I should also mention that I spent a portion of the morning thinking about a dude named Sunshine who was taken from us this year. Many of you probably knew him from the festival scene. He always wore a gigantic smile on his face and took a moment to make you feel like the most important person on the planet. Maybe it was the sun, or the serene moments of reflection, but I saw a few correlations between that bright shiny guy and this festival. He was one of the good ones and I had a feeling he was there, pumping up the scene. Rest in peace, brother.
I drifted over to the Bamboo stage and grounded myself on jOBOT and his downtempo grooves. I felt like he was exactly what the moment called for and I enjoyed rocking out with him during his gooey, good vibes set. jOBOT is one of the many master production wizards bouncing under the Headtron banner and I liked seeing that crew represented so well at LIB.
Halfway through that set I rolled back to the Lightning Stage to catch a bit of Vokab Kompany. Check out my review of The Bounce Festival here at The Untz for more information on these dynamos. In short, the performance was amazing. They bring it so good that I stopped by the Grand Artique late Sunday and watched them again.
Then it was on to Odesza who stomped and weaved and smashed his way into the hearts of all the poor bastards who couldn’t keep their feet from blowing up the dance floor like watermelons with fireworks inside. This was one of my top three hours of the weekend and I was glad I was there sweating to some of the best dance music out right now.
Then it was a blur of Kaminanda, Eskmo, Andrelien, Thugfucker and Gladkill before I was unceremoniously snatched from Level Five of auditory heaven and transported by this beautiful French-Canadian back to the Temple of Consciousness. Little did I know that she was delivering me to Level 7 and the unforgettable voice of Leah Song from Rising Appalachia.
If you have not downloaded The Human Experience’s new project with Rising Appalachia, Soul Visions, then you are missing out on the most incredible collaboration of the year. Song, with her sister Chloe make their debut in the world of electronic beats with uncanny angelic voices and the sweet sounds of the south. The album—lovingly called swamp whomp by Song during the album release party in Los Angeles following LIB – is the stuff of which legends are made. You can download it for free so give it a run through while making love in the middle of a forest. You won’t be disappointed. David Block, the mastermind behind The Human Experience had a cancelled sunrise set—due to dozing owls—on the Temple Stage. Glad I caught up with the whole shebang in LA.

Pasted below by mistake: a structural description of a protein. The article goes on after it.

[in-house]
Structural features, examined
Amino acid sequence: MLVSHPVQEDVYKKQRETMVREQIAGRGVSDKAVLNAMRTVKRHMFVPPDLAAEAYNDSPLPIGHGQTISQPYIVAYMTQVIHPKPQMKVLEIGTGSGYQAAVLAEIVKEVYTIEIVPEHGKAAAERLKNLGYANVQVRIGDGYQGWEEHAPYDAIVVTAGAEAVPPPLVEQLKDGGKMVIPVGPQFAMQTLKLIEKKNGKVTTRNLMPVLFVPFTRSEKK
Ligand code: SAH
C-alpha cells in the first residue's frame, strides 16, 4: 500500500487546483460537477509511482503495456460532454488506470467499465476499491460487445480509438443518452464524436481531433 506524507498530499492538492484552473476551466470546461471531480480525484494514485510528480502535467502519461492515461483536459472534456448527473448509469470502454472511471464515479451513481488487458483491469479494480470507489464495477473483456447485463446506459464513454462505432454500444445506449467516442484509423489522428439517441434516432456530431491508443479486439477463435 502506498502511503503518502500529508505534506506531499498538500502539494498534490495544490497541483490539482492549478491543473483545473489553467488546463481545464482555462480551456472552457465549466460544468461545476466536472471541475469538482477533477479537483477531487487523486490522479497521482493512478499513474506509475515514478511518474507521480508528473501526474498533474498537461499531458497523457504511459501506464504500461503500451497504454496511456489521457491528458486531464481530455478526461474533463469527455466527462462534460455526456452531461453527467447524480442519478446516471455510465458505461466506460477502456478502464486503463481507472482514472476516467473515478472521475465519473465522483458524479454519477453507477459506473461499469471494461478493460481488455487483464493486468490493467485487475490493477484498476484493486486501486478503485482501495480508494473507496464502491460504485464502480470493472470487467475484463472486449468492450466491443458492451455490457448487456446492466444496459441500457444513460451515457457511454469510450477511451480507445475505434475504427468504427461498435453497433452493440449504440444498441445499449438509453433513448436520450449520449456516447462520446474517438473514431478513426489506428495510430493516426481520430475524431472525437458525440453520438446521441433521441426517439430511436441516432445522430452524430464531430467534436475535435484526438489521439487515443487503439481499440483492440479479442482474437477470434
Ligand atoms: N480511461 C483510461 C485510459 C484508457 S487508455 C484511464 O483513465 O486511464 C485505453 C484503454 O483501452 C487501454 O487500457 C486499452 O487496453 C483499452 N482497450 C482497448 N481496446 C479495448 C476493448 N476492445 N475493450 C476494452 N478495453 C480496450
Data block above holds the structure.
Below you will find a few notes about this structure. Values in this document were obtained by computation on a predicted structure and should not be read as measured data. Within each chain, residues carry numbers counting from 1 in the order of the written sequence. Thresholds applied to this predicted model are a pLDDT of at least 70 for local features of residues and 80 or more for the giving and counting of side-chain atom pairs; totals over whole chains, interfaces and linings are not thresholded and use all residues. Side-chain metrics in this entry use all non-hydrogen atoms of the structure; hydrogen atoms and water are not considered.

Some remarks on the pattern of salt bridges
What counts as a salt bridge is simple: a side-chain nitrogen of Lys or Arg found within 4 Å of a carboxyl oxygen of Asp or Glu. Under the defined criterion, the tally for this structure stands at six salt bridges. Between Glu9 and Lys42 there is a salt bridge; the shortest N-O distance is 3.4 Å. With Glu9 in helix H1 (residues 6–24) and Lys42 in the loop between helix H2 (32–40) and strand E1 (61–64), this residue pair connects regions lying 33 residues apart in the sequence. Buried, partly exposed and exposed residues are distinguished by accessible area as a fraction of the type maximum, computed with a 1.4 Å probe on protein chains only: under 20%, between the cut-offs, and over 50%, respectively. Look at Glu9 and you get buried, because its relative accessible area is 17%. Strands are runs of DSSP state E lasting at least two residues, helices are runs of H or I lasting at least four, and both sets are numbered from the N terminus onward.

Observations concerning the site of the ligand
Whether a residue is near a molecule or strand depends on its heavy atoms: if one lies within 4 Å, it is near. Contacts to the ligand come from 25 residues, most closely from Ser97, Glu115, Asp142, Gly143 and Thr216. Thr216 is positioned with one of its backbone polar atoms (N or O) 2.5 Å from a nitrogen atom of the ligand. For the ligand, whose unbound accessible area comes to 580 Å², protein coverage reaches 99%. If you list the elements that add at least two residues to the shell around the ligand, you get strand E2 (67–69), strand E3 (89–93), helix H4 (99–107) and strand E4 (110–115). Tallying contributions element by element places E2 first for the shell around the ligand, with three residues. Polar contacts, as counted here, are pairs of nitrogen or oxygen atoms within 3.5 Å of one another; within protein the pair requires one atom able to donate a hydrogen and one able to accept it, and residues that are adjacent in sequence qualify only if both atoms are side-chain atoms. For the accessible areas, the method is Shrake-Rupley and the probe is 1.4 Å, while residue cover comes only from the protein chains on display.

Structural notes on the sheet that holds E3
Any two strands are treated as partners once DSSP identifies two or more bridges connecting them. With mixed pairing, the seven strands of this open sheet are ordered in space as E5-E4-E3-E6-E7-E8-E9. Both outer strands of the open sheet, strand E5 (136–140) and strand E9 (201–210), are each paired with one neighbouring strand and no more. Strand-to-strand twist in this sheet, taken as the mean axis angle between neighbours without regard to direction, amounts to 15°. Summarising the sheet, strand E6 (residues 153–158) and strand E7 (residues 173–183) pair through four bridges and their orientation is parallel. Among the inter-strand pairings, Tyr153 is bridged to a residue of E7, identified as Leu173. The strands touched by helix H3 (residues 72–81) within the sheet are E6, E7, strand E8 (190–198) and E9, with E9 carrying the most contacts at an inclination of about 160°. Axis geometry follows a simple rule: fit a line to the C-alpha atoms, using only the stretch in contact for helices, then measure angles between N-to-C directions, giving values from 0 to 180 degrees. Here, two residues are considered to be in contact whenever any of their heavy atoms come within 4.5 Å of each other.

Oh man. Then I was back at the Bamboo stage to see LowRIDERz. This trifecta threat consisting of DJ Laura and An-ten-nae with special guest Auberon were so well received that I had to wrestle my way to the front of the stage with a pry bar and a scaling ladder. Then it was shake and wiggle until my insides vibrated to my outsides. The smack of the low-end bass left me with a concussion and as I crawled my way towards a medical tent I felt the giddy smile on my face that signified being thoroughly rinsed out.
That’s when I hit a wall. Every stage around nine that night went soft and squishy and I was feeling the need for the tempo to jump from the LowRIDERz. I walked from Kastle’s live set – which was an auditory orgasm—to Nicolas Jaar’s panty slugging swoon–and back and then it hit me. LIB has a method to its madness. The lull, not in quality or sound but in tempo was intentional. The storm needed an eye so that Rusko and Griz could drop everyone back to earth like lightning and thunder.
And they did.
The lighting, sound and feel of Rusko banging away on the main stage had a cataclysmic mix of pure musicianship and uncontrollably wild bass abandonment. Classic Rusko mixed with epic, blended then poured down the eardrums like milk and honey. It was bliss in a tortellini with a heavy cream sauce for those who like to keep it sticky.
And GRiZ. I will try to restrain myself, but if this dude is not headlining your festival next year then you've failed, and should immediately fire your music curator. Four thousand of my friends and I whomped and rolled and sallied and slid and screamed through this performance like we were pure gasoline and GRiZ was the match. Yep, that good.
And that was it for me. The stages were battened down and the renegades were quiet so I bought a vest from my buddy Sweat Shop and moved back to my camp. There, we sat around and hucked it up, telling stories and bonded. My Humboldt family camp was a mish mash of the most amazing people with some adopted out of county peeps sprinkled in. It was a nice way to spend the wee hours and it made me remember how important the people are that you go to a festival with. Also, that hanging with old friends, and meeting new friends is just as important. Epic sausage. Big ups Humboldt fams!